Posts Tagged ‘Godwin Ndossi’


Bridging the gaps among research, policy and practice in ten low- and middle-income countries: Development and testing of a questionnaire for researchers

Wednesday, September 8th, 2010

Commentary: A Community Welfare Perspective on the Ethics of the Guatemala Low-Phytate Corn Trial. In: Ethical Issues in International Biomedical Research. A Case Book

Wednesday, September 8th, 2010

The structure and function of research ethics committees in Africa: A case study

Wednesday, September 8th, 2010

Research Ethics Review Structures: International Comparisons – Tanzania In: The Regulation and Organization of Research Ethics Review. Report of a Comparative International Workshop held at the Faculty of Law

Monday, August 30th, 2010

Dr. Godwin Ndossi

Thursday, July 12th, 2001

Dr. Ndossi is Director of the Directorate of Food Science and Nutrition in the Tanzania Food and Nutrition Center, Dar es Salaam, Tanzania. In this role he oversees activities in three sections including Nutritional Biochemistry, Food Quality and Safety, and Food Preservation and Product Development. He has his BSc in Botany, Zoology and Education from University of Dar es Salaam in 1976, his MSc in Biology from University of Dar es Salaam in 1983 and his PhD in International Nutrition from Cornell University in 1992. His work involves designing and implementing nutrition interventions at the community level as well as undertaking nutrition research related to the role of specific nutrients in health and disease. He has worked on collaborative research projects with scientists from the Institute of Child Health (London), Harvard School of Public Health, Cornell University and Muhimbili University College of Health Sciences. Recently he was Co-PI of two randomized, double-blind, placebo-controlled field trials to test the efficacy of multiple micronutrient supplements in school children and pregnant women. Recent publications include papers related to predictors of anaemia among children from Dar es Salaam, the use of red palm oil for promotion of Vitamin A status, the development and field testing of a protocol for the rapid assessment of anaemia and a randomized trial of vitamin A supplements in relation to child mortality among HIV infected and uninfected children in Tanzania. Dr. Ndossi’s practicum involved assessing the ethics capacity of 6 IRBs in Tanzania.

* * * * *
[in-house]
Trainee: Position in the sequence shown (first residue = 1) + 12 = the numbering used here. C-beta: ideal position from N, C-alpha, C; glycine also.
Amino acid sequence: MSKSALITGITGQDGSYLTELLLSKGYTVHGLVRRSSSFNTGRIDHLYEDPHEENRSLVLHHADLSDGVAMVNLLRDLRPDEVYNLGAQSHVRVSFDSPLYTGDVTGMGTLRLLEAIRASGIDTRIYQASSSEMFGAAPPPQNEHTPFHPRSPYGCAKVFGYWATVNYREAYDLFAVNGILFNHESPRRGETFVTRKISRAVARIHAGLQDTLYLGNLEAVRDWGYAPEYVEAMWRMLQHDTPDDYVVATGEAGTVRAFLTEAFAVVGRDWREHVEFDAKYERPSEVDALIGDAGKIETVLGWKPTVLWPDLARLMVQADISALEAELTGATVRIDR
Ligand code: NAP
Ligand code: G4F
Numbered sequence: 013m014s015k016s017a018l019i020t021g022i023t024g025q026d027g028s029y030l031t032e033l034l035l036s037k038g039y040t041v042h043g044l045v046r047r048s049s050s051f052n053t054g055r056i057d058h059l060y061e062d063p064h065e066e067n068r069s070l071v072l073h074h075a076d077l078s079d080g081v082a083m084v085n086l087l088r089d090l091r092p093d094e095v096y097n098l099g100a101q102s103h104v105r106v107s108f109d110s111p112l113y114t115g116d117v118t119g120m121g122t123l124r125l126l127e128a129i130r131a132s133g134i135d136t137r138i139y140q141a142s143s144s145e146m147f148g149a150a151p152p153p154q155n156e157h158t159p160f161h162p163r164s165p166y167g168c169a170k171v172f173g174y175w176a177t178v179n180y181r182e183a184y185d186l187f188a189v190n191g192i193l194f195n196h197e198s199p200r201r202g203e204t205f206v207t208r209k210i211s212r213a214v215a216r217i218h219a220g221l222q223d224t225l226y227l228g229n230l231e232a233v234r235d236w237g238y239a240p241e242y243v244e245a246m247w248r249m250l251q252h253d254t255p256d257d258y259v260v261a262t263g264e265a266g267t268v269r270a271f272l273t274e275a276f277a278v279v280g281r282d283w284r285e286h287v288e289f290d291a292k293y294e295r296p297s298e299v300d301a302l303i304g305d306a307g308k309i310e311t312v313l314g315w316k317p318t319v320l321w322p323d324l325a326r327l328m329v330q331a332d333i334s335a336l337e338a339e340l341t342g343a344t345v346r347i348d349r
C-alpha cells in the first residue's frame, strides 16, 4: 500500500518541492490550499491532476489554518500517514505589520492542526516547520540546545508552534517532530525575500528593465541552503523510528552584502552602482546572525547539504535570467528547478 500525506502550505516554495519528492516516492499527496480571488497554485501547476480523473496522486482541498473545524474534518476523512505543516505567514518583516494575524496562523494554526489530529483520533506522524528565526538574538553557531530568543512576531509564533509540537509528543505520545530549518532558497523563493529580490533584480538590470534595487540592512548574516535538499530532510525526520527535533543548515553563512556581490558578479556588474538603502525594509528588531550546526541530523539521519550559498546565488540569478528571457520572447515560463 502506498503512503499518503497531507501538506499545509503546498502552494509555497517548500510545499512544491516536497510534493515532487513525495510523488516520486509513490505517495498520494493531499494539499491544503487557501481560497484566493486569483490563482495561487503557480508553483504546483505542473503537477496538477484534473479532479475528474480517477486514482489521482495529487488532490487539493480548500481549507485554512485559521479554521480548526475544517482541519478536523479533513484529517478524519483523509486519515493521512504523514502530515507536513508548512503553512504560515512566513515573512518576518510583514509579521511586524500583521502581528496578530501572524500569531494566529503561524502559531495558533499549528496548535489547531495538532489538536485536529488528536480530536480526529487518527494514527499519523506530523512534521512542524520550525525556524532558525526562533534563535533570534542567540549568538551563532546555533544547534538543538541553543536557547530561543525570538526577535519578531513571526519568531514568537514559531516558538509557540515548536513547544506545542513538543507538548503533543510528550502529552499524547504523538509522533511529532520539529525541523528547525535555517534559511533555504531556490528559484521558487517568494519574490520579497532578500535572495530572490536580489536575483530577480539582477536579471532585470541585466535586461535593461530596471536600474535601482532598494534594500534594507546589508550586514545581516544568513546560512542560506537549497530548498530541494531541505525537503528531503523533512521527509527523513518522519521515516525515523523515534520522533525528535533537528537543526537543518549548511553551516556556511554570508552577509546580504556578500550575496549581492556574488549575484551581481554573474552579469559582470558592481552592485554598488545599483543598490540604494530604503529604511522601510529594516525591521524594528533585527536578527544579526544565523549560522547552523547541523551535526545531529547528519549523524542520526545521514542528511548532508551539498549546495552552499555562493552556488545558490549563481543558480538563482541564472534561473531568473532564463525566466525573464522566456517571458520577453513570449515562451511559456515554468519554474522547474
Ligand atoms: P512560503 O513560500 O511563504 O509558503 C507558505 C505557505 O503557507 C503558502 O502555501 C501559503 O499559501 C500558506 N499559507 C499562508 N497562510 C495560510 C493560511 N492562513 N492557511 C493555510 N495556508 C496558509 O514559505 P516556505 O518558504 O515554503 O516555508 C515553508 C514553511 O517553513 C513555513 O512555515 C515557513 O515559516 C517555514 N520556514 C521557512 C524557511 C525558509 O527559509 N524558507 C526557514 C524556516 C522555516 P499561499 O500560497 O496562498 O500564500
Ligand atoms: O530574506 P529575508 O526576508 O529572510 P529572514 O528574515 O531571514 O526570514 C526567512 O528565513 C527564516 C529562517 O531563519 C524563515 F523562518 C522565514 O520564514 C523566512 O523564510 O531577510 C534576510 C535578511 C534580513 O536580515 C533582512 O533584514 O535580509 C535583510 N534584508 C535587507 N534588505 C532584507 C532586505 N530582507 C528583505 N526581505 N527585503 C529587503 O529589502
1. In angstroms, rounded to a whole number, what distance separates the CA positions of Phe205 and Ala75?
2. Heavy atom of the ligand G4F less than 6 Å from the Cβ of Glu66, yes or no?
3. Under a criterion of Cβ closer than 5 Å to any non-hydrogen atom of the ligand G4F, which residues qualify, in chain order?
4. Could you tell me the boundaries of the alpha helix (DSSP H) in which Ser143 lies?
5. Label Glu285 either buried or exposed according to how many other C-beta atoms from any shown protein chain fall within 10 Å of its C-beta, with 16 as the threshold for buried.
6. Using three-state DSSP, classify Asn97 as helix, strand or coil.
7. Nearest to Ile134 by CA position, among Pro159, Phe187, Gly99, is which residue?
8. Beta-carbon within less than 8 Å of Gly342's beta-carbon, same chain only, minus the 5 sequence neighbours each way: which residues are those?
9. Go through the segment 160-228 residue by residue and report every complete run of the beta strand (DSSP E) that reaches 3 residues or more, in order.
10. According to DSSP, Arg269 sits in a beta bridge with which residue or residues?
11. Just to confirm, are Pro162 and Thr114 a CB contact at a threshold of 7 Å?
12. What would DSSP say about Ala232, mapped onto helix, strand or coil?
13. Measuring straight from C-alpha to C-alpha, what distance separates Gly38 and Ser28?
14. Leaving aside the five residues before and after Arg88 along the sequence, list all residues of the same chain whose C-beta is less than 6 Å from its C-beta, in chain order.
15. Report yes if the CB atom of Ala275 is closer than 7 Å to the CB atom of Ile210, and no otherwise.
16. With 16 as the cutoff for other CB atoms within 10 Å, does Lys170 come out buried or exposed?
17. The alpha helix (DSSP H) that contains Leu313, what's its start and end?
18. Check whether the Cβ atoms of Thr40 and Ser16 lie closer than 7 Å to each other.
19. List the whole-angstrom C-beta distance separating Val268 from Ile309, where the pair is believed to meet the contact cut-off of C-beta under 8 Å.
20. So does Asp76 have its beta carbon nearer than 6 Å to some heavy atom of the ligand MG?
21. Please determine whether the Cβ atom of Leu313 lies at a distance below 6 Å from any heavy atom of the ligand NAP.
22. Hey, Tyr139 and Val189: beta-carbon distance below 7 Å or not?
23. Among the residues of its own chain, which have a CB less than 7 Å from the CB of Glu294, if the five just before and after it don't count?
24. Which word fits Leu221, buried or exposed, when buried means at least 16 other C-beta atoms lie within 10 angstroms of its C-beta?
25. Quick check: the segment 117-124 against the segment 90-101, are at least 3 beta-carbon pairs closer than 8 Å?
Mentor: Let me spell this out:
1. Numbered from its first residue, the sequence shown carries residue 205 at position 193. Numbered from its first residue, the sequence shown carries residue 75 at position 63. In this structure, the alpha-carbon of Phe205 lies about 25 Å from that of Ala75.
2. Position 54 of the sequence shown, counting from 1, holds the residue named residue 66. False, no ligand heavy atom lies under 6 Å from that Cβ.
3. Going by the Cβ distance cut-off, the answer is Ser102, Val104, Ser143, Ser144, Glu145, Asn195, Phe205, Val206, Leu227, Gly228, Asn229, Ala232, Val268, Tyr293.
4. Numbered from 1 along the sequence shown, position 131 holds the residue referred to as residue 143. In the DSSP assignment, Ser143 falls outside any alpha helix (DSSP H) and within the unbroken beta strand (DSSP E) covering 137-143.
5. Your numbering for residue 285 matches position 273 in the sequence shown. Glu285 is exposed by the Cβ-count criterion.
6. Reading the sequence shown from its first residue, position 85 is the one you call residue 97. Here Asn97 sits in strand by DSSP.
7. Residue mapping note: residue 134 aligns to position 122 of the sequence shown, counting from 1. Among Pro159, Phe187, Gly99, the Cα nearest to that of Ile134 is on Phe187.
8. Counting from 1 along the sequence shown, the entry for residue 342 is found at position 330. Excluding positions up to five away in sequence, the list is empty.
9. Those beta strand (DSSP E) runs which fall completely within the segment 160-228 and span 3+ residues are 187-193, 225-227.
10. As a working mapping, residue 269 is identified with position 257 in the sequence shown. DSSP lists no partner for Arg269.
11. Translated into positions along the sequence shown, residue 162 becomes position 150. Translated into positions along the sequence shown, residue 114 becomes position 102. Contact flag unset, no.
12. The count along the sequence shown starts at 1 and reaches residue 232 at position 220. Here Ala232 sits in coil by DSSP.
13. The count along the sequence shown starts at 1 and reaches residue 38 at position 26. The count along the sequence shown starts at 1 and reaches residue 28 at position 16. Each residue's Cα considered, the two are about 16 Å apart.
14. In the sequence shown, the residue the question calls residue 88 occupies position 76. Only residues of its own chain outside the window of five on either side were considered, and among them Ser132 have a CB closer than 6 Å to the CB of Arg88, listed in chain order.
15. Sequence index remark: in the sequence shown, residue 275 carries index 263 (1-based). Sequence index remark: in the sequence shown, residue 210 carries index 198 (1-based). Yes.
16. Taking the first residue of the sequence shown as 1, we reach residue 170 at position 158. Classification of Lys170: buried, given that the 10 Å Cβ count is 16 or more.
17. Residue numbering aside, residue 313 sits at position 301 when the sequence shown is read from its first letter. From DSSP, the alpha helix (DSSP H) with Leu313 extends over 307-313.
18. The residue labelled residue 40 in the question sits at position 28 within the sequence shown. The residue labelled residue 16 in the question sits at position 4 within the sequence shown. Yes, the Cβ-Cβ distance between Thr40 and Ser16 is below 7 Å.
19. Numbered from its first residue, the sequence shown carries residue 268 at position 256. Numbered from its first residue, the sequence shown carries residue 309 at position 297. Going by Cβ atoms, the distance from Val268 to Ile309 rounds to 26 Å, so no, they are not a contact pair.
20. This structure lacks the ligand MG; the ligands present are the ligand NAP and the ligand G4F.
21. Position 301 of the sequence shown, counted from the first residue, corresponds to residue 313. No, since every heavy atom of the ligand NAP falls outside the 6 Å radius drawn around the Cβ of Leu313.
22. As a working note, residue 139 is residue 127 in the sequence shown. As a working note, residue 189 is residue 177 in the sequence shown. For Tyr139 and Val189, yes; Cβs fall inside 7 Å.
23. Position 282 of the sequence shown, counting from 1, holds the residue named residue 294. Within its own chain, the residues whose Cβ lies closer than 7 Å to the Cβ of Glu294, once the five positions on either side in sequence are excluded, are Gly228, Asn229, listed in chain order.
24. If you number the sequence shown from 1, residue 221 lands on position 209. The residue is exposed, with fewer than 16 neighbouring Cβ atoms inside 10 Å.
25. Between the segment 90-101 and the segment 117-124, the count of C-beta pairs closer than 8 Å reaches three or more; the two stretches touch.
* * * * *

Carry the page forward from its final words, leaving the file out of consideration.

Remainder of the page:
gndossi2@yahoo.co.uk